Have We Lost the Ten Commandments?
James Durham (1622-1658) was minister in Glasgow for only eleven years but left a considerable number of writings. One of the co-authors of 'The Sum of Saving Knowledge', he is best known for writing what is still regarded as the classic Reformed work on church unity, division and schism, 'A Treatise Concerning Scandal' as well as a highly sought after commentary on the Book of Revelation.
8 Dec, 2017

Most Britons think that only six of the Ten Commandments are still relevant. These were the results reported in a YouGov poll in recent weeks. It’s not hard to guess which ones have become unpopular: the first four relating to our duty to God. What is shocking but not surprising is that most of those professing to be Christians agreed. It hardly seems credible that 60% of Christians would not believe we should only worship the one true God. Any encouragement that the other commandments are still respected is undermined by the fact that the Godward aspect of morality is rejected. If most people are prepared to give this away, have we now lost the Ten Commandments?

Removing the first four commandments actually dispenses with the most important precepts. Christ summarises them as loving the Lord our God, with all our heart, with all our soul, with all our strength, and with all our mind (Luke 10:27). Indeed, He calls this “the first and great commandment” (Matthew 22:38). It comes before loving our neighbour as ourselves. Love to our neighbour should flow from love to God (1 John 5:1). Unless we have the faith that pleases God working by true love for Him we cannot truly love our neighbour.

The first four commandments deal with worship: (1) who we are to worship; (2) what ways we must worship Him; (3) how (in what manner) we must worship Him; (4) when we must worship Him. The other six deal with how we are to treat others and we can see it is in our self-interest to respect these. Yet proud unrenewed self can see no personal benefit in worshipping God even though it is the reason that we were created.

The connection that links the commandments together is so close that if the authority of God is despise in one, it is despised in all (James 2:10, 1 John 4:20). James Durham reflects on how the first four commandments deal with the worship, service and obedience which is due to God. It seems that the first four were written on one tablet of stone and the remaining six on the other (Deuteronomy 4:13). This would make the division into two parts (usually called two tables) something that God did from the beginning. This is supported by Christ summary of the commandments under the two main duties towards God and our neighbour. The two tables were put into the ark to emphasise the holiness of the law.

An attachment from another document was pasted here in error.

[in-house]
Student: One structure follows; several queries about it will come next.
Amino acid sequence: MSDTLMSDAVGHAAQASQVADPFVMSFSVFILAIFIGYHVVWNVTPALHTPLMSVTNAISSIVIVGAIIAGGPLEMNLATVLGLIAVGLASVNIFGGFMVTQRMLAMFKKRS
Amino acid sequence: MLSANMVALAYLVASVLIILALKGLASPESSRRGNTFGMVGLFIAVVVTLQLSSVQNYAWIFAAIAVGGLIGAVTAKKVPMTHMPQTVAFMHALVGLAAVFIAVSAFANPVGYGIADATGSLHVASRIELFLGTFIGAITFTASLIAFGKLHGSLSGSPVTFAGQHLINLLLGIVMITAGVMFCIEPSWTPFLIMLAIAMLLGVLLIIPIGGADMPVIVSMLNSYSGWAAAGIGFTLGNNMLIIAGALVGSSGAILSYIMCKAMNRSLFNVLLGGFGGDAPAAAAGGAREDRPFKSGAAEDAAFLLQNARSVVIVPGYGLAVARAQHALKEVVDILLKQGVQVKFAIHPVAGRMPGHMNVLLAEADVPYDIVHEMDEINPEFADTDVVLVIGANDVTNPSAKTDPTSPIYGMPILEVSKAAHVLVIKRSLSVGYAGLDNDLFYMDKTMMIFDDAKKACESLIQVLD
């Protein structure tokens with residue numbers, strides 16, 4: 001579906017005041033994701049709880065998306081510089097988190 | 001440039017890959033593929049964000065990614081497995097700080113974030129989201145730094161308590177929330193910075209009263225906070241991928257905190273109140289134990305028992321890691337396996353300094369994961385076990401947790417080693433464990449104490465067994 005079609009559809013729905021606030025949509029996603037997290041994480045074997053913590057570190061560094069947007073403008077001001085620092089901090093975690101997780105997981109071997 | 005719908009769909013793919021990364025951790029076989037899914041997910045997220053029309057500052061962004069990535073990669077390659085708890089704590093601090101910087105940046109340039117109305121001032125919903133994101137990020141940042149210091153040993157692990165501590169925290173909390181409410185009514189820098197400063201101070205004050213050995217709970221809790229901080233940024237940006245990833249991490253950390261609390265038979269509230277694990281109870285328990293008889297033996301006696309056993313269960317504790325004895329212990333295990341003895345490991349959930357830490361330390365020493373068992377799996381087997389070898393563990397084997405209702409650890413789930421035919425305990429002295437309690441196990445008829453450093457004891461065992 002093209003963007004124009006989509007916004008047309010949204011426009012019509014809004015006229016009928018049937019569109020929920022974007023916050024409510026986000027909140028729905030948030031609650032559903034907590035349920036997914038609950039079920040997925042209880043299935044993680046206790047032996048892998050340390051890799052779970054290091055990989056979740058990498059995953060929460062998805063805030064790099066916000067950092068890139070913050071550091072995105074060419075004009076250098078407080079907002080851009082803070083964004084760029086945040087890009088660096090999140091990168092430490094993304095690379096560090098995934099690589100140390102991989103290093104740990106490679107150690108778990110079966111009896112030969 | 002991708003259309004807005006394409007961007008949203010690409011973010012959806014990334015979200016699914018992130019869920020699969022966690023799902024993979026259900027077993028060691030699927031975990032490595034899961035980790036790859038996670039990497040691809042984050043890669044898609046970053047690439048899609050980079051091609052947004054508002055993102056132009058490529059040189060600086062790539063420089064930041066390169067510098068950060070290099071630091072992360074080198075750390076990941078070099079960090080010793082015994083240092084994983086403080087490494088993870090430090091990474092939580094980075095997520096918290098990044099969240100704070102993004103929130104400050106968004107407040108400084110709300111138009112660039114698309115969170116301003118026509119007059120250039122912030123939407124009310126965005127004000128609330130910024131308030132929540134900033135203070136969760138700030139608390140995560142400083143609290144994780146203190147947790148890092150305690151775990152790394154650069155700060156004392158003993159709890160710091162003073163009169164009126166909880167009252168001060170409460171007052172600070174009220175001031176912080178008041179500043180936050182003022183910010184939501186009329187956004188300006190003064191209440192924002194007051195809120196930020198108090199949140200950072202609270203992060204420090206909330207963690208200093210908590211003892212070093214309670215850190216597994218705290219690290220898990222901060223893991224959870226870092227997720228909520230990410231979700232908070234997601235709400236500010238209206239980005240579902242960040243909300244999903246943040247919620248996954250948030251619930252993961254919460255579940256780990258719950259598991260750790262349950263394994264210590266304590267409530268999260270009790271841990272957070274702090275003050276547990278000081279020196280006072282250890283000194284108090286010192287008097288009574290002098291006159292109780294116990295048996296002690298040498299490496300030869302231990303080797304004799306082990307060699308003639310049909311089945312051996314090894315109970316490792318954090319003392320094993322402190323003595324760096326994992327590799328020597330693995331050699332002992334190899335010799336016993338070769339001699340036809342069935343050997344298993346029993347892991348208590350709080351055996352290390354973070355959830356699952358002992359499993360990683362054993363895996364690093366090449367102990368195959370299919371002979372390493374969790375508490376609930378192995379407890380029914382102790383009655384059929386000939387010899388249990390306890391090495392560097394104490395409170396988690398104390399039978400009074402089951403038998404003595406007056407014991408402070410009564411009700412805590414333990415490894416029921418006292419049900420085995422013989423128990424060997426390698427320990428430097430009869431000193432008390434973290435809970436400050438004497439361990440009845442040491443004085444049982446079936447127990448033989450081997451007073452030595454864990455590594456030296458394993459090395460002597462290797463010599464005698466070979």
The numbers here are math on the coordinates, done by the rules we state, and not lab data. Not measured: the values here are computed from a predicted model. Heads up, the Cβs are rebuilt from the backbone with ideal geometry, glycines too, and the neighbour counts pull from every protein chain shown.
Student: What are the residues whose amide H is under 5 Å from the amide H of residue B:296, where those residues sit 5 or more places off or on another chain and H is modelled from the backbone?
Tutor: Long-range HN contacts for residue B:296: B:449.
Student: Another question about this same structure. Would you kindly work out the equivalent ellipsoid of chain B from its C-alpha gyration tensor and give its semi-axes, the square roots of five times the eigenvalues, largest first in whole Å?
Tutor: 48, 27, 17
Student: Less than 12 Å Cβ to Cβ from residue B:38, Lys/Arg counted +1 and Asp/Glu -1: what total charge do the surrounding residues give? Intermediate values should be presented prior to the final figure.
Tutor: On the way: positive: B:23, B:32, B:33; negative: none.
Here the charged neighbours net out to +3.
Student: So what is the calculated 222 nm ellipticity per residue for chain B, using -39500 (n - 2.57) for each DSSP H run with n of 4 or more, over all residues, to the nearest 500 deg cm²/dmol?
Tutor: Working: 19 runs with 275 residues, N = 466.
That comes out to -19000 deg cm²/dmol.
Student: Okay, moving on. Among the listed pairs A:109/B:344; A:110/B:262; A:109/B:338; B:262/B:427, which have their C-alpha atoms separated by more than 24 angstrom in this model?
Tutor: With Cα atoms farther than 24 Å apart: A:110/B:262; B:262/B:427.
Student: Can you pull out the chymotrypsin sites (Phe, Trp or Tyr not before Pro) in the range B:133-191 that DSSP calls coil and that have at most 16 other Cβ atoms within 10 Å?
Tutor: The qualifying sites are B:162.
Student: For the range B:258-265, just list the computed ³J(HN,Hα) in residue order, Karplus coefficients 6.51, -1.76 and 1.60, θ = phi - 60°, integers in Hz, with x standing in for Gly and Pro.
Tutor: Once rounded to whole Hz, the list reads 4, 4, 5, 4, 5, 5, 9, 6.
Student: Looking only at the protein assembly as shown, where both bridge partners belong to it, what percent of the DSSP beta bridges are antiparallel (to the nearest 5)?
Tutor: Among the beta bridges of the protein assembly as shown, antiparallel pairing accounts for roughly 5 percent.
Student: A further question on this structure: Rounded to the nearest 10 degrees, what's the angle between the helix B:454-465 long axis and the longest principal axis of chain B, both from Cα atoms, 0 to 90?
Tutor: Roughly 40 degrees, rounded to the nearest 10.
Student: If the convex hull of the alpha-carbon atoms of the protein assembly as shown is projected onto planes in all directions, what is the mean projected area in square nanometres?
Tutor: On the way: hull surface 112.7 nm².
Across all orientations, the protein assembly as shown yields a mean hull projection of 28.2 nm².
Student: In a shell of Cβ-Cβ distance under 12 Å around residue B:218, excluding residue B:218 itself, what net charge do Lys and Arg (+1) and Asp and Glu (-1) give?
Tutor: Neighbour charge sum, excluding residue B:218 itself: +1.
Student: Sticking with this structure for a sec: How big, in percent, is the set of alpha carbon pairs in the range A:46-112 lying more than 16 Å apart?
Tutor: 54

Durham makes the following points:

1. All the commandments of the second table share the same authority with the first. God spoke “all these words”. Indeed, it appears from Acts 7:38 that it was our Lord Jesus who spoke them.
2. Sins directly against the first part are greater then those against the second. It is for this reason that the first table is called the first and great commandment (Matthew 22:38).
3. In morals (if they are things of the same nature) the duties of the second table give place to the duties of the first table when they cannot be equally obeyed. This is so in the case of love to God and exercising love to our father and neighbour (Luke 14:26; Matthew 10:37). When obedience to God and obedience to our superiors cannot be consistent we are to obey God rather than man (Acts 4:19). We are to love the Lord and (comparatively) hate father and mother (Luke 14:6).
4. Note, however, that things required in the first table may for a time give place to moral duties in the second. For example, relieving or preserving our neighbour’s life when it is in danger, we may need to work on the sabbath day. This is in accordance with the “I will have mercy and not sacrifice” and “the sabbath was made for man, and not man for the sabbath”.

 

1. Why do we need to study the Ten Commandments?

The deep ignorance about how the Ten Commandments fit together and the importance of the first table of the law shows that they are not understood. If people understood the full requirements of the other six commandments as they reach to our thoughts, words and desires as well as actions they would have far less general approval. Even if we have a commitment to all Ten Commandments, if we do not properly understand them we are in danger of losing them. It’s time to seek to understand them in the way that Scripture reveals their full meaning. James Durham makes the following points.

(a) They are unique

God uniquely announced them with His voice and then directly wrote them on two tablets of stone. These tablets of stone were afterwards commanded to be kept in the ark (Deuteronomy 10: 2, 5) and to be learned (Deuteronomy 5:1). They were to be written on the posts of the doors and diligently impressed on their children (Deuteronomy 6:7-10). Great emphasis is given to explaining these commandments by the prophets and apostles. The Saviour also does this in His sermon on the mount (Matthew 5-7).

(b) They are useful